Certifications in Hiring, Part 2: Hiring Traps

In Part 1, I discussed the issue of certification vs. experience. One of the problems in using certifications to discriminate for or against people is that some people might have the experience you want, and might not have the certification paper that represents that experience to you. Here’s an example. I coached a project manager as she was looking for a job several years ago. She had used timeboxes, asked her project teams to develop with small features, and insisted on continuous integration. That allowed the project to show progress every one to three weeks. (She didn’t use timeboxes in the sense that many agile teams do. She helped the teams timebox their daily work, so they could integrate at least every day, not once every two weeks. She had figured out kanban by using stickies for “this week’s work,” and rolling wave deliverable-based planning.) She had discovered a reasonable successful way to shepherd projects to completion. She did not use retrospectives or demos, but she and her teams were close to agile. She loved her job. The project teams appeared to love her. When we met, she had received 17 or 18 recommendations on LinkedIn. The recommendations actually said words such as, “servant leadership,” “facilitation,” and “coaching.” She was an agile project manager, or if you will, a Scrum Master. Not in the classic sense, but once she read the Scrum Guide, she realized what she was. Her company merged with another, and she was laid off. She was having a terrible time getting a job. She did not have a CSM. Her previous job title was “Project Manager.”...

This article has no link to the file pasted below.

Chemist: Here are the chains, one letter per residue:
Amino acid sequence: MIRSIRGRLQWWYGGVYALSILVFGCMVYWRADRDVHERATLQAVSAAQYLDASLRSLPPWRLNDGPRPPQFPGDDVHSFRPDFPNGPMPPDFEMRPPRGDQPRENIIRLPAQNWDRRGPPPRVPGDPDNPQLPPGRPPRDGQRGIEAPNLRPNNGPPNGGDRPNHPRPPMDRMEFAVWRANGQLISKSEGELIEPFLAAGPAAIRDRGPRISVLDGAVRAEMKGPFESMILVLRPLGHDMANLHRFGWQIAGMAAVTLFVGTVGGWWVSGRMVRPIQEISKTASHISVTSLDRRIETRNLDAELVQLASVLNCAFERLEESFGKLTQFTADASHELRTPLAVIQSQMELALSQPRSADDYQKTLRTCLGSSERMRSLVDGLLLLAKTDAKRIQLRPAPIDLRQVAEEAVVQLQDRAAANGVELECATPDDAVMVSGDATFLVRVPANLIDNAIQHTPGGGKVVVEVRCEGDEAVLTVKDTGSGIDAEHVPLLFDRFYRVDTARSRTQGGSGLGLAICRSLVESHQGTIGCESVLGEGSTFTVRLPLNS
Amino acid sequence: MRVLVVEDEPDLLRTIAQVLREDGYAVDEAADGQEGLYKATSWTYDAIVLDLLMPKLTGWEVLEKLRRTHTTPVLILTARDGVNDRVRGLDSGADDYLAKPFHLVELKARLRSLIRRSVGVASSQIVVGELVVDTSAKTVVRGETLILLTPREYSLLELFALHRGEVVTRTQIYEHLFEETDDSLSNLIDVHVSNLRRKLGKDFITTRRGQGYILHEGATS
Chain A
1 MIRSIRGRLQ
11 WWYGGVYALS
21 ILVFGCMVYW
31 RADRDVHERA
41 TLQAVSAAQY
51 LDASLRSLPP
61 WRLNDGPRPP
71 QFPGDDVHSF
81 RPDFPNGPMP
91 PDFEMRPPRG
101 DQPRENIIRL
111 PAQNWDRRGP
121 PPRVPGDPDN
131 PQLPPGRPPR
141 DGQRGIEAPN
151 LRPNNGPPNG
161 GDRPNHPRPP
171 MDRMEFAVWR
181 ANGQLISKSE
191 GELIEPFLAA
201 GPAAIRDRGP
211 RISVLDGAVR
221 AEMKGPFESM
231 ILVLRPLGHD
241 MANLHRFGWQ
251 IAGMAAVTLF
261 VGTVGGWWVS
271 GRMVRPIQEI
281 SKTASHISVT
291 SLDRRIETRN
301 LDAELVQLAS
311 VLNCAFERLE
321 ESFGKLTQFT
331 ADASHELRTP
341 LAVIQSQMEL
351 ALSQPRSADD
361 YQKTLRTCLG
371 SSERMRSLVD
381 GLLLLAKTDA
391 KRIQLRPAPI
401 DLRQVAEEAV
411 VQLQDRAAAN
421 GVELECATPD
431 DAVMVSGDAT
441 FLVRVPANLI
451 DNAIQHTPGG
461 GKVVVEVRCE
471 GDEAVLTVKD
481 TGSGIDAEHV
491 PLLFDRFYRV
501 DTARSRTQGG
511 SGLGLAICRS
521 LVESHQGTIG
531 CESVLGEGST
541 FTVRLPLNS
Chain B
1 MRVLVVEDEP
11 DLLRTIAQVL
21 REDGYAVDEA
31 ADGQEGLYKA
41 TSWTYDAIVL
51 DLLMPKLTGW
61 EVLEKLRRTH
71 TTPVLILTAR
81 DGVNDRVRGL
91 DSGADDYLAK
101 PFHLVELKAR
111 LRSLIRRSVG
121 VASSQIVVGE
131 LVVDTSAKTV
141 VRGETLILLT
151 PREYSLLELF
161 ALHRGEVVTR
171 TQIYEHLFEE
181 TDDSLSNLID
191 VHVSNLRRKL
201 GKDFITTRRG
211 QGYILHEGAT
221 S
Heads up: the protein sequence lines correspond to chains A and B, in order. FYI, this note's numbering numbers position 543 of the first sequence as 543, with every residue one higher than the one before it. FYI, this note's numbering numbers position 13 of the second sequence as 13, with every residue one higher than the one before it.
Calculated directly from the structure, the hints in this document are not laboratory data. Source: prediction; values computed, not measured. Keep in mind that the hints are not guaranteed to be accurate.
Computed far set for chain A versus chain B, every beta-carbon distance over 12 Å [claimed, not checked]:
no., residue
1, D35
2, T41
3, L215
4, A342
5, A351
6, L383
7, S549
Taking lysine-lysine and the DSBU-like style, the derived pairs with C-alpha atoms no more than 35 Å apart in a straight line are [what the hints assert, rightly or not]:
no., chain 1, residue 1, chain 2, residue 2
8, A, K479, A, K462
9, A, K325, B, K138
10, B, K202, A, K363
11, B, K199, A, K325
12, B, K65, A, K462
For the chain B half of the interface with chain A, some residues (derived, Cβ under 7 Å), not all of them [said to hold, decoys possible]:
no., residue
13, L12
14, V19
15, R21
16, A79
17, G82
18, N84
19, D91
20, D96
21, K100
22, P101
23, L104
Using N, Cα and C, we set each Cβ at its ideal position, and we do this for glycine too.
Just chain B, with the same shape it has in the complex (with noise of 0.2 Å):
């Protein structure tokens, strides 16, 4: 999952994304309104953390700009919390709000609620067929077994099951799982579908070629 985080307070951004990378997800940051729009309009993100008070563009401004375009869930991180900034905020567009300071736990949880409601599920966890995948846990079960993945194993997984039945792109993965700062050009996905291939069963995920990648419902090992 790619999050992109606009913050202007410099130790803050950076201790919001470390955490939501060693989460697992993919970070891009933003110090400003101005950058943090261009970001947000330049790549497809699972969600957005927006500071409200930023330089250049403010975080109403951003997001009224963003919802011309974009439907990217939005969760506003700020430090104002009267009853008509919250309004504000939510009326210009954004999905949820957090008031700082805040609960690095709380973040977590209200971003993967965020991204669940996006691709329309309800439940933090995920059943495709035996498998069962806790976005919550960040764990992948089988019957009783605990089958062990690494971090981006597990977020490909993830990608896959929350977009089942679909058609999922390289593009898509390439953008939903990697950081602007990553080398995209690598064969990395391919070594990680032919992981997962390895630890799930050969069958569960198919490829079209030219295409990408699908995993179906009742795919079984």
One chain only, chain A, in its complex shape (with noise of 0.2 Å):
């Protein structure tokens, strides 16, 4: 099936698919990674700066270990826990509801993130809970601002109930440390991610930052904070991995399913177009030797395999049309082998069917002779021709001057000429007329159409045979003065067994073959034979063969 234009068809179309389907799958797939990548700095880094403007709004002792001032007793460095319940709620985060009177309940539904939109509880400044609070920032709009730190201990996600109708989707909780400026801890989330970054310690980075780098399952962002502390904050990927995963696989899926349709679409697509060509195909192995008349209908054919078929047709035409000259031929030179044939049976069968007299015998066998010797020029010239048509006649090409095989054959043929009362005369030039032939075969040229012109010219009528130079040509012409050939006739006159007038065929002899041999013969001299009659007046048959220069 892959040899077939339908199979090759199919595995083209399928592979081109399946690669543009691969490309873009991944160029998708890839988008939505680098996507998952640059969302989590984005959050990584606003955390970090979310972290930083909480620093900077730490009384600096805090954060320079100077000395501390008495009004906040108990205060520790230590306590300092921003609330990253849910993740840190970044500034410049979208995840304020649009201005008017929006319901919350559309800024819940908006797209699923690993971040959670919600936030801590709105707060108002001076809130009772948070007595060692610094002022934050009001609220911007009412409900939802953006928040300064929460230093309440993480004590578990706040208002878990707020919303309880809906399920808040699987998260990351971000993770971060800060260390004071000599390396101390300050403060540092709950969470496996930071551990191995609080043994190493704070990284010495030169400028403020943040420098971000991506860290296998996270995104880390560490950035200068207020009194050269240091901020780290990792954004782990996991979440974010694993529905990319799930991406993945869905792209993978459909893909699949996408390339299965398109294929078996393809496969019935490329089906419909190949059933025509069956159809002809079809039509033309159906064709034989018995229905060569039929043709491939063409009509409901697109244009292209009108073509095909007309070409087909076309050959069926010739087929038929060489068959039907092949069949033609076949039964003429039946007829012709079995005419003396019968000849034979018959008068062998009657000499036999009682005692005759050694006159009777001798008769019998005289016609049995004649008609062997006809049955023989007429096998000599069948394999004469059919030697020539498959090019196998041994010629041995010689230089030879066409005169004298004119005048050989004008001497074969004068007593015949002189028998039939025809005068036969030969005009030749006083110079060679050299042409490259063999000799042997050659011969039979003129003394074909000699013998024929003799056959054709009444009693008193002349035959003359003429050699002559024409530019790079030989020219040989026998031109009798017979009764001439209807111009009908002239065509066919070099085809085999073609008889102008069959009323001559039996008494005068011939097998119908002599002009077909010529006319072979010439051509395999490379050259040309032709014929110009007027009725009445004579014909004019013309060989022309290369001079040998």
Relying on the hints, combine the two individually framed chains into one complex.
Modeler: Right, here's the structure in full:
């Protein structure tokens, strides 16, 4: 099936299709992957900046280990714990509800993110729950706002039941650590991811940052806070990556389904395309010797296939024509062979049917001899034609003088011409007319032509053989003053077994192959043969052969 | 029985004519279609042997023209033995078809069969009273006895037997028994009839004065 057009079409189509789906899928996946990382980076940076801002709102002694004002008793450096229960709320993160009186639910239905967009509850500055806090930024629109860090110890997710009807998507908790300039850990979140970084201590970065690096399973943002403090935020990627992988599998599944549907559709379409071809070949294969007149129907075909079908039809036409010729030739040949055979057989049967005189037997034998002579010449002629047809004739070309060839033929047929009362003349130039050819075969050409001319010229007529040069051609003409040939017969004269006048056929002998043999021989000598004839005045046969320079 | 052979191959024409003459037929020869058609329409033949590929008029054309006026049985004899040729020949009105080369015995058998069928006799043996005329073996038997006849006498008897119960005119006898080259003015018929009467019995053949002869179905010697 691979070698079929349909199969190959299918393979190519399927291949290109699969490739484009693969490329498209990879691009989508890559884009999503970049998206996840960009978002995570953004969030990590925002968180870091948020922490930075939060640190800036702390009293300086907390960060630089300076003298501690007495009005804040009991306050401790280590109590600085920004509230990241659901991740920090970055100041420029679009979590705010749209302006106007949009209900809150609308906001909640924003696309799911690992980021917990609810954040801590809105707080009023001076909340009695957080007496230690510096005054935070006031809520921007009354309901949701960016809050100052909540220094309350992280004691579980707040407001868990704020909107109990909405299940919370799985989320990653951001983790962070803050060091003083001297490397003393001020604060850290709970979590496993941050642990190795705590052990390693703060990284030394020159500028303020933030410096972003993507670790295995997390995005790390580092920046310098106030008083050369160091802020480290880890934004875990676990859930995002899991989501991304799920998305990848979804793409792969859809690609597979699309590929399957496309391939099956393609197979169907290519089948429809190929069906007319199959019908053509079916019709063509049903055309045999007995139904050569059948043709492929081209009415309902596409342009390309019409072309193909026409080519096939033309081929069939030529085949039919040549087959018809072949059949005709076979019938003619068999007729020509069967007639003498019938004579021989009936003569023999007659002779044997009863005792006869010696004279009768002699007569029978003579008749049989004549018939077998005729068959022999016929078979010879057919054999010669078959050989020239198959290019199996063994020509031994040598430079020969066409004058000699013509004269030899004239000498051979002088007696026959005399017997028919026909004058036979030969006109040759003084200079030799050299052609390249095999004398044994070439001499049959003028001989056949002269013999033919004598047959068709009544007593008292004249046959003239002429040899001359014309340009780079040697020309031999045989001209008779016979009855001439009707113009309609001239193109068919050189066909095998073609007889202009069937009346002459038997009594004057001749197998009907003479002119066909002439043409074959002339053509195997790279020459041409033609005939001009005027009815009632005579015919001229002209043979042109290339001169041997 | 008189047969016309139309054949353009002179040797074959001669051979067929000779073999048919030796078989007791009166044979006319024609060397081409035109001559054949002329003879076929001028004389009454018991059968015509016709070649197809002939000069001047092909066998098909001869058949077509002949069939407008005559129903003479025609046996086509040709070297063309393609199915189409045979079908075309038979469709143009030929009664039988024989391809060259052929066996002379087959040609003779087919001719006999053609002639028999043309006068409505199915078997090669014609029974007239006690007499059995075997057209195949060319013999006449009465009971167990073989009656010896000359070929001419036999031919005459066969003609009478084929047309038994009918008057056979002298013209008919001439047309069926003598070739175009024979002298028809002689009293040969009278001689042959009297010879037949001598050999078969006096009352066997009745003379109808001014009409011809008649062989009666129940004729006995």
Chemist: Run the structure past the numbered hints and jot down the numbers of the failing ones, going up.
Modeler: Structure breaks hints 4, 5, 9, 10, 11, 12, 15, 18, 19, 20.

Certifications in Hiring, Part 1: A Certificate’s Value

There are a ton of certifications these days. Many demand only that you sit through a 2-day or even 1-week class and then take an exam. Some certifications demand that you prove you have worked in the field for some number of weeks/hours the previous year or so. Most certifications do not demand that you show proof of your successful expertise in action. Let me tell you a story about the last certification exam I attempted. It was the ASQ Software Quality Manager, back in the early 90’s or so. I had been a Manager and then Director of software quality for several years. My companies appreciated my work. I helped the testers learn to improve their skills, which helped everyone. The developers were happy because they believed the testers helped. The testers were happy because developers and other managers took them seriously. I was happy (as well as our customers and managers) because we had fewer defects and were able to release faster. We had systems that worked for us. I took the exam. I got all the multiple choice answers right, except for one or two about ISO. The problem was this: you couldn’t pass the exam and receive the certification unless you got some credit for the open response questions. There were two open response questions. People marked those questions. I got zero (0, null, nil, nada) credit. When I called ASQ to understand the problem, I asked for my exam. I wanted to learn from it. The woman told me she could not send me my exam. She would kindly offer me 50% off the...

Three Ways to Answer “Tell Me Something No One Knows About You”